K-ARTNOW

Slide
Slide
Slide
Slide
Slide
Slide
previous arrowprevious arrow
next arrownext arrow
Slide
Slide
Slide
Slide
Slide
Slide

‘Watch and Chill’, an International Collaborative Project of the National Museum of Modern and Contemporary Art.. and More

MMCA, Seoul

‘Watch and Chill’, an International Collaborative Project of the National Museum of Modern and Contemporary Art

“Watch and Chill 3.0: Streaming Suspense” Installation view at MMCA, Seoul ©MMCA

The National Museum of Modern and Contemporary Art, Seoul will present Watch and Chill 3.0: Streaming Suspense from April 12 to July 23. ‘Watch and Chill’ is an international collaborative project that explores the ways in which museums, artists, and audiences share art in contemporary times, centered on an online art streaming platform built by MMCA.

‘Watch and Chill’ is a three-year project that seeks to promote art cross-border through multilateral exchanges. Following a collaboration with Asian museums in 2021 and a partnership with museums in Europe and the Middle East in 2022, ‘Watch & Chill 3.0’ will be launched this year in collaboration with leading art institutions in the Americas and Oceania.

For ‘Watch and Chill 3.0’, leading art institutions in the Americas and Oceania will collaborate with the MMCA to curate works from their collections and local artists, sharing them on an online platform where visitors can view them via streaming subscription. It will also be realized in the physical space through an international tour at partner museums, starting with a showcase at the Seoul Museum this year.

This year’s program is divided into five subtopics under the overarching theme of ‘Streaming Suspense’. The exhibition presents 28 works by artists, designers, and filmmakers who employ the language and methodology of thrillers through storytelling and figuration, exploring the possibilities of a space and time occupied by immersion and suspense.

The five subthemes are ‘Landscape under Moonlight’, ‘Assembly of Evidence’, ‘Mutable Corpus’, ‘Performance of the Undead’, and ‘Post-dystopian Worldbuilding’. The subthemes focus on the unique bodies of work of artists working primarily in the medium of video and examine the alternative narratives and worldviews they propose. They consider the contemporary implications of narratives that destabilize, offend, and create tension in reality, such as strangeness, shape-shifting, mutating bodies, and non-normativity.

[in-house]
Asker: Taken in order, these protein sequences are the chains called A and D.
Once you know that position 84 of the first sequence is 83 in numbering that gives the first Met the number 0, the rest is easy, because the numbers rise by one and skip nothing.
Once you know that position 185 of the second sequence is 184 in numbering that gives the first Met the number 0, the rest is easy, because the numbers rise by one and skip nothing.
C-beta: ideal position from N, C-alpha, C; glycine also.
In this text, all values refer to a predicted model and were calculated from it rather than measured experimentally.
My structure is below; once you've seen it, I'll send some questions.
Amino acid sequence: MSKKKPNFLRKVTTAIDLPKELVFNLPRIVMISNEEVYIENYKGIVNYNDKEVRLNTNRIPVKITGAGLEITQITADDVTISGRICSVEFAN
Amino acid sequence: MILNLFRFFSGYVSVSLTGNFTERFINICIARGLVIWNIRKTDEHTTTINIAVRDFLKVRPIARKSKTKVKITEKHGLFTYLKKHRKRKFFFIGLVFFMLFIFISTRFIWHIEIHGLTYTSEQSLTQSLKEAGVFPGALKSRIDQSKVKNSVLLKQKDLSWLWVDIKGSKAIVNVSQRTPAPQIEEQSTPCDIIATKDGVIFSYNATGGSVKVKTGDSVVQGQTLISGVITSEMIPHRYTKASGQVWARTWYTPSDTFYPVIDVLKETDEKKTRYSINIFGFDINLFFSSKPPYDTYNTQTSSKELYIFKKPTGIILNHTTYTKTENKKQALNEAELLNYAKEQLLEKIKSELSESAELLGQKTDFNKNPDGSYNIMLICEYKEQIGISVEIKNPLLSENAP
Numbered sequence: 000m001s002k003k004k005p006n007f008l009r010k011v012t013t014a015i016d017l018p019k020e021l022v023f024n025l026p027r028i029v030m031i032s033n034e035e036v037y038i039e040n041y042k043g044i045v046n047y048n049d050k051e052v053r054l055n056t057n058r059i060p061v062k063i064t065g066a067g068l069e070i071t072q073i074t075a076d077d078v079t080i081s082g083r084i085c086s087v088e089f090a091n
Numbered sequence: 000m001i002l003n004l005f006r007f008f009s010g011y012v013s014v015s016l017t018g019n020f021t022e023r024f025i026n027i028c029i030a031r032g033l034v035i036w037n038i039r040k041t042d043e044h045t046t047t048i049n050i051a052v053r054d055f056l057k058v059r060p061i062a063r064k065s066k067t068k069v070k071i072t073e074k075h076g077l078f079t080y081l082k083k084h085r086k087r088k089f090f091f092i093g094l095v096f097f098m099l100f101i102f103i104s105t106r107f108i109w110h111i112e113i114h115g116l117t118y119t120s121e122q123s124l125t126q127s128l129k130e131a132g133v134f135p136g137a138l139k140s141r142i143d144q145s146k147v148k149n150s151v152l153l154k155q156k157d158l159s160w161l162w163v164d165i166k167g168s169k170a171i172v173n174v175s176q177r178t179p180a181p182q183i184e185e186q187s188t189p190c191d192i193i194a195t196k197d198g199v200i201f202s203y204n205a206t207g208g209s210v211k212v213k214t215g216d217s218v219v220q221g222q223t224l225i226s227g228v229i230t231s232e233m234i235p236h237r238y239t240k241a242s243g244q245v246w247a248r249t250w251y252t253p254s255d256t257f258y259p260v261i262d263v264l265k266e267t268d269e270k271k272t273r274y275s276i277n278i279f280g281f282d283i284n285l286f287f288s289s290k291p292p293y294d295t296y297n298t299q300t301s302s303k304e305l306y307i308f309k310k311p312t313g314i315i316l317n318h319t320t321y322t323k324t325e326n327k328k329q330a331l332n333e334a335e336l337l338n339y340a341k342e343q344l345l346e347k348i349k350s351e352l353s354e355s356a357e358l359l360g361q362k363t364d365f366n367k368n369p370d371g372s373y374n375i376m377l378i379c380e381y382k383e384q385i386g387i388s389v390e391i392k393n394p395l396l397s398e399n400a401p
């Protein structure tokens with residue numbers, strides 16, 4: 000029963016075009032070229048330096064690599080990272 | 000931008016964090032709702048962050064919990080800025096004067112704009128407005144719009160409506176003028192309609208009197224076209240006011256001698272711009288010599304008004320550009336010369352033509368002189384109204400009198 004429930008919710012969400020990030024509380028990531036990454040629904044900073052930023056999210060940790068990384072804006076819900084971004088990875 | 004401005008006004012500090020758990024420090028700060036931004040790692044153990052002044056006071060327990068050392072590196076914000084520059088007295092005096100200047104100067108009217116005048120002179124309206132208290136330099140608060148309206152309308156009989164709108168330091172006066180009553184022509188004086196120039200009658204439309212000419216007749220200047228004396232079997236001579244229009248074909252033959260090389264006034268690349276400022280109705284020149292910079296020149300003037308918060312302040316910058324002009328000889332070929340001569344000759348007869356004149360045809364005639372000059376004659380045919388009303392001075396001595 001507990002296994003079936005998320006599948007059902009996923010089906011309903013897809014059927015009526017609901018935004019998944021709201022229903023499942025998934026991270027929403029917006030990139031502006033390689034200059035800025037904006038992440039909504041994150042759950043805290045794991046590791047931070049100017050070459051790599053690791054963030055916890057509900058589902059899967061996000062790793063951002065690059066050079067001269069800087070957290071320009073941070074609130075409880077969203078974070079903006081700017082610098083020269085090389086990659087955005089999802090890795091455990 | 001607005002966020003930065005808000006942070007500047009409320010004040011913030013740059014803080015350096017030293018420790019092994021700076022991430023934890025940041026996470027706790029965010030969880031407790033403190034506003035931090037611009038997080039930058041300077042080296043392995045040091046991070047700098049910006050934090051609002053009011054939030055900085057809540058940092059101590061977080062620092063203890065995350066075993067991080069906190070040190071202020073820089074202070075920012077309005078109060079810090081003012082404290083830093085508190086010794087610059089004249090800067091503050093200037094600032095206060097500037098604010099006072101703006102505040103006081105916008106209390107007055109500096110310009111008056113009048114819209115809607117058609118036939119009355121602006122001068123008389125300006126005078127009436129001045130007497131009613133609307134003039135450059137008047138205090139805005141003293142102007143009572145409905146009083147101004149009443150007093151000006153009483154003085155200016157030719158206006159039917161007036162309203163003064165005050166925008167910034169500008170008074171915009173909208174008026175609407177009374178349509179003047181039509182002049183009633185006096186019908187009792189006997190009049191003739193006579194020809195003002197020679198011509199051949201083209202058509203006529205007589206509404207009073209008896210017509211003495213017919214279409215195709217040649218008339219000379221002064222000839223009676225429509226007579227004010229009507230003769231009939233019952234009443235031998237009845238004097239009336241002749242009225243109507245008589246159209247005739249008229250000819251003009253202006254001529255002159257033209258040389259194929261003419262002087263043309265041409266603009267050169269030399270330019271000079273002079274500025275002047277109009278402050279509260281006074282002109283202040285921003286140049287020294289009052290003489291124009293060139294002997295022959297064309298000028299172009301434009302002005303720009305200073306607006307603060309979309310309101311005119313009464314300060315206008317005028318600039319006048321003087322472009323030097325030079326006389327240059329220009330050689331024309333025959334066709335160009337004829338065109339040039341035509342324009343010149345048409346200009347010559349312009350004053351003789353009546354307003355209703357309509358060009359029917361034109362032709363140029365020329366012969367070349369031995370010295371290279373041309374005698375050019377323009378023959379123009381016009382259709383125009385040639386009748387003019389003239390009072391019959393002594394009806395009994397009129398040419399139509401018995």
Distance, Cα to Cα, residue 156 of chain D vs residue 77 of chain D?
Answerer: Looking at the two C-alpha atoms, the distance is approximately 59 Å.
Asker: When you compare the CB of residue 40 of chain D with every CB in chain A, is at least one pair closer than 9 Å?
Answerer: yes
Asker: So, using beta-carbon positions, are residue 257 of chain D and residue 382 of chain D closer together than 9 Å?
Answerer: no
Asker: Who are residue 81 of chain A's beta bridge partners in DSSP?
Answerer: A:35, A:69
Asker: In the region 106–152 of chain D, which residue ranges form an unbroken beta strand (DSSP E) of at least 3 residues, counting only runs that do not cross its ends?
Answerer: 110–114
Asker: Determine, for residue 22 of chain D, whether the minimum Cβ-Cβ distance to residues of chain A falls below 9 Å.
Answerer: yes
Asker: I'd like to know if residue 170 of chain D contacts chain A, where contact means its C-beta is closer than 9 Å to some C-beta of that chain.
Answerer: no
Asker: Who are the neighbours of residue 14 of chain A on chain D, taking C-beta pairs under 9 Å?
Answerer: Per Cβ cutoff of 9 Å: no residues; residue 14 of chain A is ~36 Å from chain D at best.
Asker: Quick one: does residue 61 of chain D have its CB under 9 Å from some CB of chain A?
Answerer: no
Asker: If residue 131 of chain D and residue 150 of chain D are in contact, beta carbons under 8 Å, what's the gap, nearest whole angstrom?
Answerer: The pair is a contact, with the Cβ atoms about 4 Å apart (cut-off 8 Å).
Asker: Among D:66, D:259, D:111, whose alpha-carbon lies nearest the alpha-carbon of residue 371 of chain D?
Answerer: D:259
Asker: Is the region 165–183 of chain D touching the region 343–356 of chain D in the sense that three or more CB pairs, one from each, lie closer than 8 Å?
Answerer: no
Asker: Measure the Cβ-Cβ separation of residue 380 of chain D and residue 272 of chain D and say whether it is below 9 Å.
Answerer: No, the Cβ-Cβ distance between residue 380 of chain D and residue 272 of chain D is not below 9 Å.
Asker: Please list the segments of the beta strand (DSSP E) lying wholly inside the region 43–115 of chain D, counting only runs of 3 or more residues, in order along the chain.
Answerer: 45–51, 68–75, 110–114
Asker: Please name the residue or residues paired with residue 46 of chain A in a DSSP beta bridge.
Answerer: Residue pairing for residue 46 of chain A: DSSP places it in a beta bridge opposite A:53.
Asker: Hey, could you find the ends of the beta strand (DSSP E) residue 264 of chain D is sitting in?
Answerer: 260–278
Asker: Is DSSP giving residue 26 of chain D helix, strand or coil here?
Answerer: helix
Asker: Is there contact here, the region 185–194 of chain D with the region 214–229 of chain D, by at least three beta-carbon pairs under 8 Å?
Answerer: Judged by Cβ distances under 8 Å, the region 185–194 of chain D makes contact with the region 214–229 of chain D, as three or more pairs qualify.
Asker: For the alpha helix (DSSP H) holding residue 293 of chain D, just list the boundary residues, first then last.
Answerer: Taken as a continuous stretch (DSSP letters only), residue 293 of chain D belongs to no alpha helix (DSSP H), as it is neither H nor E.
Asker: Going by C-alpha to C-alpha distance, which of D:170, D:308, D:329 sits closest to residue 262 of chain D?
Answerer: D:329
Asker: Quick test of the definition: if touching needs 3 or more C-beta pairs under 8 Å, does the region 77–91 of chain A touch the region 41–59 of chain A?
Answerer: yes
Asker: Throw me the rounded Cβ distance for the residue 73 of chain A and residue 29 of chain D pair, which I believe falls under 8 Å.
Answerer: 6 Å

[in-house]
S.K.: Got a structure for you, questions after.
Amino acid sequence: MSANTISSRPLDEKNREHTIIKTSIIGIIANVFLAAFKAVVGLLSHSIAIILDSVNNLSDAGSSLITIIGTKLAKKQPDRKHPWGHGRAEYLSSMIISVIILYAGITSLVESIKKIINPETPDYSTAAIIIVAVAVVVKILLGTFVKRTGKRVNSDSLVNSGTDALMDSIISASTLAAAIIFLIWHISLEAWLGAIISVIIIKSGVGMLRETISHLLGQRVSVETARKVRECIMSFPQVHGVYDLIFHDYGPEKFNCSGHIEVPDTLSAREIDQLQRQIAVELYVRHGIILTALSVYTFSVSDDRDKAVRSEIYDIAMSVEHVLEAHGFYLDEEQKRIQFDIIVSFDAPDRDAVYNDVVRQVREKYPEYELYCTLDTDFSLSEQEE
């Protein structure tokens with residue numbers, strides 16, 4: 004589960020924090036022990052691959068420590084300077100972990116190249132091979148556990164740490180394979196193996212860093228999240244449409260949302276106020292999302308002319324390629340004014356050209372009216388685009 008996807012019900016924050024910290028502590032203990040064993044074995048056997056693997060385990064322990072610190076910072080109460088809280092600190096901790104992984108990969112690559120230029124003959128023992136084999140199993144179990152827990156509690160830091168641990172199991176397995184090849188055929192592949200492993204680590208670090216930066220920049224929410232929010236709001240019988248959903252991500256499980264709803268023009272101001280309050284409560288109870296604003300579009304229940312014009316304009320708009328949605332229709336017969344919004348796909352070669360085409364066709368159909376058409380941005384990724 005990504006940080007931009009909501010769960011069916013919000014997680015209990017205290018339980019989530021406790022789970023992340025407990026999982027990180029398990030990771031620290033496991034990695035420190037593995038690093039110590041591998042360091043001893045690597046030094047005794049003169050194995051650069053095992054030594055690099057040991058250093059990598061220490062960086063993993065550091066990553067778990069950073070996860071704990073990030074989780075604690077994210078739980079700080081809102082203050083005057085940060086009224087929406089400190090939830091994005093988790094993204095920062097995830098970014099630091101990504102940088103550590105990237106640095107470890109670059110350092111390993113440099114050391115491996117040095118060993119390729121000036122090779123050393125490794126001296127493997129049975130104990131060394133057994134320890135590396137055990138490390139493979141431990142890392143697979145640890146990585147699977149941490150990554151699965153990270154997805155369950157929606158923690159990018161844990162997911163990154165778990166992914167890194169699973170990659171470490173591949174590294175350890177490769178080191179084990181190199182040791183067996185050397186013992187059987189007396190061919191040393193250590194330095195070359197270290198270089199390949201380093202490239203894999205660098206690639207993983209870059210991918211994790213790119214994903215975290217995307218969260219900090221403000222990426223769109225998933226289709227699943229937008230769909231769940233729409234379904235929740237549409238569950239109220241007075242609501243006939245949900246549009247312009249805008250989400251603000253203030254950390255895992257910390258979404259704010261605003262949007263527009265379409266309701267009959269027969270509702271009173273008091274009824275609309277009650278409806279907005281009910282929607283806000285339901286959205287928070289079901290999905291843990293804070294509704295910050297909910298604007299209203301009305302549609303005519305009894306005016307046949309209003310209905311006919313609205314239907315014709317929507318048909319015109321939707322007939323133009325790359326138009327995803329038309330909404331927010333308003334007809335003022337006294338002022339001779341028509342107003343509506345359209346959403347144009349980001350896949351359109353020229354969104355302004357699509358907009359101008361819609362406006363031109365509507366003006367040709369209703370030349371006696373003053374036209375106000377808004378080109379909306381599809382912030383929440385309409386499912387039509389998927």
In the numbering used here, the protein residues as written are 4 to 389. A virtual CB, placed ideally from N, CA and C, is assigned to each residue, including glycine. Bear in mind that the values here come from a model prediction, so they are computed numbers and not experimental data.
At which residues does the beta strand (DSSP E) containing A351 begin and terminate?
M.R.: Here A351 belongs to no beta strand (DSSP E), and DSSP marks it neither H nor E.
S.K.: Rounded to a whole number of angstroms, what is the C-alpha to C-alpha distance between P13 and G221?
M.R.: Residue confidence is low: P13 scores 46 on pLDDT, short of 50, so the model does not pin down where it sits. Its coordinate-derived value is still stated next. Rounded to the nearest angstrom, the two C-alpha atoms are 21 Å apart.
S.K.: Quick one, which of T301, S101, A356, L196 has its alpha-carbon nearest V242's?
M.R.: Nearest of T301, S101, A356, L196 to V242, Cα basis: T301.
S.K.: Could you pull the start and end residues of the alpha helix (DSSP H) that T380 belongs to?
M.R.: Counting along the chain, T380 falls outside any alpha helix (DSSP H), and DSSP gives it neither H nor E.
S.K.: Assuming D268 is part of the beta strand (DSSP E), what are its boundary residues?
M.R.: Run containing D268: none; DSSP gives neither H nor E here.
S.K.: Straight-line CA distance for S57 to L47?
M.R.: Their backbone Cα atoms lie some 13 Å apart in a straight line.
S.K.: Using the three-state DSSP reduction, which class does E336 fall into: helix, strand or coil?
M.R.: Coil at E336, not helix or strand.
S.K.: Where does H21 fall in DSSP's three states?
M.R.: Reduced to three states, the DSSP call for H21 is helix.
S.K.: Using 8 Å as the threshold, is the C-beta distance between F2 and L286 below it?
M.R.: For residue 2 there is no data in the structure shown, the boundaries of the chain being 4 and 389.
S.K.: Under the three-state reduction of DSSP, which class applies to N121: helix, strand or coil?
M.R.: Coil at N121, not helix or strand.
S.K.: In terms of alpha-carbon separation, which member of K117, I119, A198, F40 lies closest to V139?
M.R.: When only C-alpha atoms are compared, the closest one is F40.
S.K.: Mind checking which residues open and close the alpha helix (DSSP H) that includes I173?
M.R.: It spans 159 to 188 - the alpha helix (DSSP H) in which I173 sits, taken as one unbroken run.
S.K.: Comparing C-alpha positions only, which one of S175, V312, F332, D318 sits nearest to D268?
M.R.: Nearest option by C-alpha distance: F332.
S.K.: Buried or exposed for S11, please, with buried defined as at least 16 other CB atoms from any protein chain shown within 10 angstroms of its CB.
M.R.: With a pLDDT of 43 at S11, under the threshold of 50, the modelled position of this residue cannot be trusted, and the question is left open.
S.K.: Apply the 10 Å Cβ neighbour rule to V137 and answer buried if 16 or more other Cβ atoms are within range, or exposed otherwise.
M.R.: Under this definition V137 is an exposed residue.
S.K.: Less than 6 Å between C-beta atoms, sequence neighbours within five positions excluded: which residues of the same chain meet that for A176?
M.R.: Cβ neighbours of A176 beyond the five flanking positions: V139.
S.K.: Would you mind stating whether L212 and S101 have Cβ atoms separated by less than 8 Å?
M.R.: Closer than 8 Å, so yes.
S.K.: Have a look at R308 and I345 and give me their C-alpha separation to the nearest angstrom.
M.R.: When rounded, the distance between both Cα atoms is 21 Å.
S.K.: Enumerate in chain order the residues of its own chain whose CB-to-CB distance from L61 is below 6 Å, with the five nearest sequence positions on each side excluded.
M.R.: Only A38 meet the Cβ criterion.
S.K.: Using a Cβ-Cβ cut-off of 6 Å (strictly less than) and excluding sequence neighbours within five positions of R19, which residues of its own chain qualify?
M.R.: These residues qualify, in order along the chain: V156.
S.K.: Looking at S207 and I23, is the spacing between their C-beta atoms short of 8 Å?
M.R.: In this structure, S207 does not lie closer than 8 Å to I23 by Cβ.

Kumho Museum of Art

Kumho Museum of Art's "2023 Kumho Young Artist 2"

“2023 Kumho Young Artist 2” Poster ©Kumho Museum of Art

From May 5 to June 11, Kumho Museum of Art will host “2023 Kumho Young Artist 2”. This exhibition of selected artists from the Kumho Young Artist Program follows “2023 Kumho Young Artist 1,” which ended on April 23 and featured three artists, Wonjin Kim, Youngho Jung, and Jae Cho.

The exhibition features three artists, Nosik Lim, Heejoon Lee (b.1988), and Seungeui Hyun (b.1991) and is organized as a group exhibition, with each floor of the museum, from the first to the third, dedicated to a single artist.

On the first floor, Seungeui Hyun’s exhibition The Ordinary ■’s Ordinary Vacation will be held. The artist has been dealing with the relationship between humans and nature, the world dictated by capital, and the dark side of tourism capital, and cynically unravels the various discourses inherent in space. In this exhibition, the fictional character ‘Mr. ■”s vacation on Jeju Island is composed of symbolic images to show various narratives. Through inky black paintings, the artist densely depicts the logic of capital and ecological, environmental, and social issues that operate beyond the idealized landscape.

On the second floor, Heejoon Lee’s exhibition Scaffolding will be held. Capturing urban landscapes on canvas, Lee translates the elements of proportion, balance, and color found in his exploration of architectural spaces into his abstract paintings. The exhibition features abstract paintings, sculptures, and installations that incorporate the concept of “scaffolding,” a temporary structure erected during the construction process.

The third and final floor is dedicated to the exhibition Deep Line by Nosik Lim. This exhibition shows how we perceive objects centered on a ‘line’. The artist explores the physical, psychological, and reproductive distancing that occurs in the process of translating images encountered in everyday life into paintings in various ways. In the process of emptying and discarding the collected images, the thin lines remain in an extremely reduced, suggesting the entire landscape and objects.

Editor’s Picks

Most Views

Editor’s Picks

Most Views

Museum
Post Views: 673